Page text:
Learning Then
Back in college, when I first began studying film, the early years were dedicated to learning less about cameras and lighting and more about the origins of storytelling, classic mythology and philosophy. I remember being in a hermeneutics class and first learning about German philosopher Heidegger. I became fascinated with his ideas and the topic of hermeneutics in general; so much so that in every class I was rapt, hanging on the every word of the professor.

I passively relied on the classroom experience for information, and found myself inspired by every lesson (though I was more than likely influenced by my professor’s one-sided adoration for the topic). It was a didactic experience based on patient listening and mentoring. After class, I’d head down to the local bookstore to peruse the philosophy section, and leave with a physical copy of Heidegger’s “Being and Time.” While I was there, I might stumble upon a couple other interesting books, discovering other philosophers and theories, expanding my view.

Learning Now
If I was a student in class today, my intolerance for waiting — a result of my Internet attention span — might not allow for hearing out the lecture. I might rudely get out my smartphone or iPod Touch and Google the philosopher’s name and just to cut to the chase.

But assuming I’m smarter than that, I’d listen to the lecture, then go home, Google his name, find a Wikipedia entry on him and start skimming. The way the entry is laid out allows for a lot of jumping to the good parts — for instance a section on controversy. If I were lazy, I might only rely on this one source for forming an opinion about the man. Next thing you know I’d be digging up dirt on a dead German philosopher.

Heidegger Works on Google

Next stop is Google, where I can find a copy of Being and Time online for free. But since it’s online, it’s not very comfortable for me to read all 596 pages. Printing it out would be a pain (not to mention not very earth-friendly), so I would end up just skimming through to “the good parts.” Luckily, my professor has likely put his entire lecture up on iTunes U I can check out anything I missed in class.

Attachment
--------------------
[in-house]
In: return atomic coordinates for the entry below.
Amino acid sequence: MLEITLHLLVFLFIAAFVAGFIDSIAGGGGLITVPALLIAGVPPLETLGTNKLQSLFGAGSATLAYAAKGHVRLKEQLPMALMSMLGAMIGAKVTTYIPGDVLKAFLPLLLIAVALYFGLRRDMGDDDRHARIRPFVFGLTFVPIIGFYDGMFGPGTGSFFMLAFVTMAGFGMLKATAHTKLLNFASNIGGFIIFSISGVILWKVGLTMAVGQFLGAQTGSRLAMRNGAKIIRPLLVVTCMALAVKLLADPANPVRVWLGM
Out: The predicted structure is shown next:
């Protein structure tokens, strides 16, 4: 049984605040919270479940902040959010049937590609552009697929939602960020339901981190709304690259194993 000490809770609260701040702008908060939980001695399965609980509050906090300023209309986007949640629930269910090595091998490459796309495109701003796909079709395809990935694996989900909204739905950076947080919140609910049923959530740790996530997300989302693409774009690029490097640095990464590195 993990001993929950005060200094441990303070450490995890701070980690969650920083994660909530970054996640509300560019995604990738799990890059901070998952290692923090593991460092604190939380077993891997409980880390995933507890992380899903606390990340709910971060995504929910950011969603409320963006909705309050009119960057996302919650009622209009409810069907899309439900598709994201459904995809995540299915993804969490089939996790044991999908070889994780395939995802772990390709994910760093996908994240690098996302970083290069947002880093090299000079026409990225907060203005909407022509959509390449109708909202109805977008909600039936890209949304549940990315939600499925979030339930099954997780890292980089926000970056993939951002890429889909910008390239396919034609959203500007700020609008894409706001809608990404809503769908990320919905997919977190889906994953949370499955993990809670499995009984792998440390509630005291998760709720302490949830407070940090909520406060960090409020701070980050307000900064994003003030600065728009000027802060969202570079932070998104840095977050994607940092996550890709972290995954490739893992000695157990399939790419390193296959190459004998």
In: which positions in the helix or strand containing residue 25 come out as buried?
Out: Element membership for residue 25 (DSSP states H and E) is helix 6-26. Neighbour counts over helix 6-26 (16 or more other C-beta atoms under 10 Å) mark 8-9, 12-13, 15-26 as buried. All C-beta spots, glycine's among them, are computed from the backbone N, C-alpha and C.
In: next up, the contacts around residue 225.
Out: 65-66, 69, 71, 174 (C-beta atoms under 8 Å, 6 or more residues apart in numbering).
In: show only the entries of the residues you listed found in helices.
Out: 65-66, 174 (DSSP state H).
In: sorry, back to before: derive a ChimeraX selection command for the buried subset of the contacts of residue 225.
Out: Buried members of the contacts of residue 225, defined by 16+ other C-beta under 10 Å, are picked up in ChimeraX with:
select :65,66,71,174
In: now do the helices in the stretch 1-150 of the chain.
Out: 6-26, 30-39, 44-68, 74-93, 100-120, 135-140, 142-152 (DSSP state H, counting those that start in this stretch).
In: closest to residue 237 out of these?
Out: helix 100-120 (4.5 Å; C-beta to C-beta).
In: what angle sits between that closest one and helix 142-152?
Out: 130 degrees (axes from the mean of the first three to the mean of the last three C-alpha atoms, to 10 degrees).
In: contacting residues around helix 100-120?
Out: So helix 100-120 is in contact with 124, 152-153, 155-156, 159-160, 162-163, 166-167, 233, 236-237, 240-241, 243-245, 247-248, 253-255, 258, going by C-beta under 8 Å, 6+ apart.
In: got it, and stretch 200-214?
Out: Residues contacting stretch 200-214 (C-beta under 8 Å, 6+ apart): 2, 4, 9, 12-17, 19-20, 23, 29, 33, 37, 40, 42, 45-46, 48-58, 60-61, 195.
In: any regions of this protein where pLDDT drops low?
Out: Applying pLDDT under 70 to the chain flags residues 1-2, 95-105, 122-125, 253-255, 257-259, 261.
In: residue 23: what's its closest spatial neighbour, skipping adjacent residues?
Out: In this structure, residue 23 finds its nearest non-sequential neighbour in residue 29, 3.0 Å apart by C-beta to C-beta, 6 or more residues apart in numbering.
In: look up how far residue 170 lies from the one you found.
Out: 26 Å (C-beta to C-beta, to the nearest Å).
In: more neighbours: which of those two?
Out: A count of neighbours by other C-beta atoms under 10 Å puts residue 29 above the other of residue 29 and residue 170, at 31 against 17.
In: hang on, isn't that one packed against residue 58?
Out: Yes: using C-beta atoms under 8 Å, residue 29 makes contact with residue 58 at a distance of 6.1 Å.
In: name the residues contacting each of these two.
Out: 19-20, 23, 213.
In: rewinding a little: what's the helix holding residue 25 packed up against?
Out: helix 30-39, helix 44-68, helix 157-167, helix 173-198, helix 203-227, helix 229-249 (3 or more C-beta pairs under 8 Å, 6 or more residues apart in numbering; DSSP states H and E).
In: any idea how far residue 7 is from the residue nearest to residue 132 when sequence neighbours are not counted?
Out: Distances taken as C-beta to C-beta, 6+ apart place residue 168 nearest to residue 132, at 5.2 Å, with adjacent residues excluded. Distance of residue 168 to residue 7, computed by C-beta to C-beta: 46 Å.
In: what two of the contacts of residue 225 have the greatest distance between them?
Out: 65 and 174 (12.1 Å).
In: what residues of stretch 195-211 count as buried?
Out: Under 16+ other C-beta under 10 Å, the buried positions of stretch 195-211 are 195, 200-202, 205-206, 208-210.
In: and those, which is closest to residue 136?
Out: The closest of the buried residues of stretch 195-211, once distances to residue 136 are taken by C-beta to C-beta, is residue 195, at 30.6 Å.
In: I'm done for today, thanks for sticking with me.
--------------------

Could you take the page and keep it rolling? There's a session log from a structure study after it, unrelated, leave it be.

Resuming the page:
Everyday Life, Then and Now

Daily Tasks Then
I still can — though barely — remember a time when I used the Yellow Pages for finding businesses to patronize for everyday activities. A good example is finding a pizza place that delivers to my home. In the old days, I’d open up the big yellow book, look under pizza, and simply find the location closest to me. Then I’d pick up the phone, manually dial the number and place my order.

Daily Tasks Now
Now, the more “convenient” way is actually a lot more involved, with a 5-step process that includes hints of paranoia. Of course, the new way usually leads to a higher quality experience.

Here’s the way it normally plays out:

1. Pick up my smartphone.

2. Use Google Local Search to find the closest pizzeria that delivers. Look at the star rating (if applicable) and narrow the selection down to pizzerias that have received at least 4 stars from users. Check to make sure the ratings are relevant, because if only a couple of users have rated, the score is probably not reliable.

3. Go to Yelp.com to quickly check the ratings. If I see a low star rating, the pizzeria is immediately eliminated from the running. If it’s borderline, read a few reviews to see if they sound believable and if I can give the pizzeria the benefit of the doubt.

4. From the Yelp.com mobile page, click on the phone number and automatically call to place my order.

5. If I’m feeling especially paranoid, I might check CleanScores to see if the place I’m ordering from has scored well on health inspections.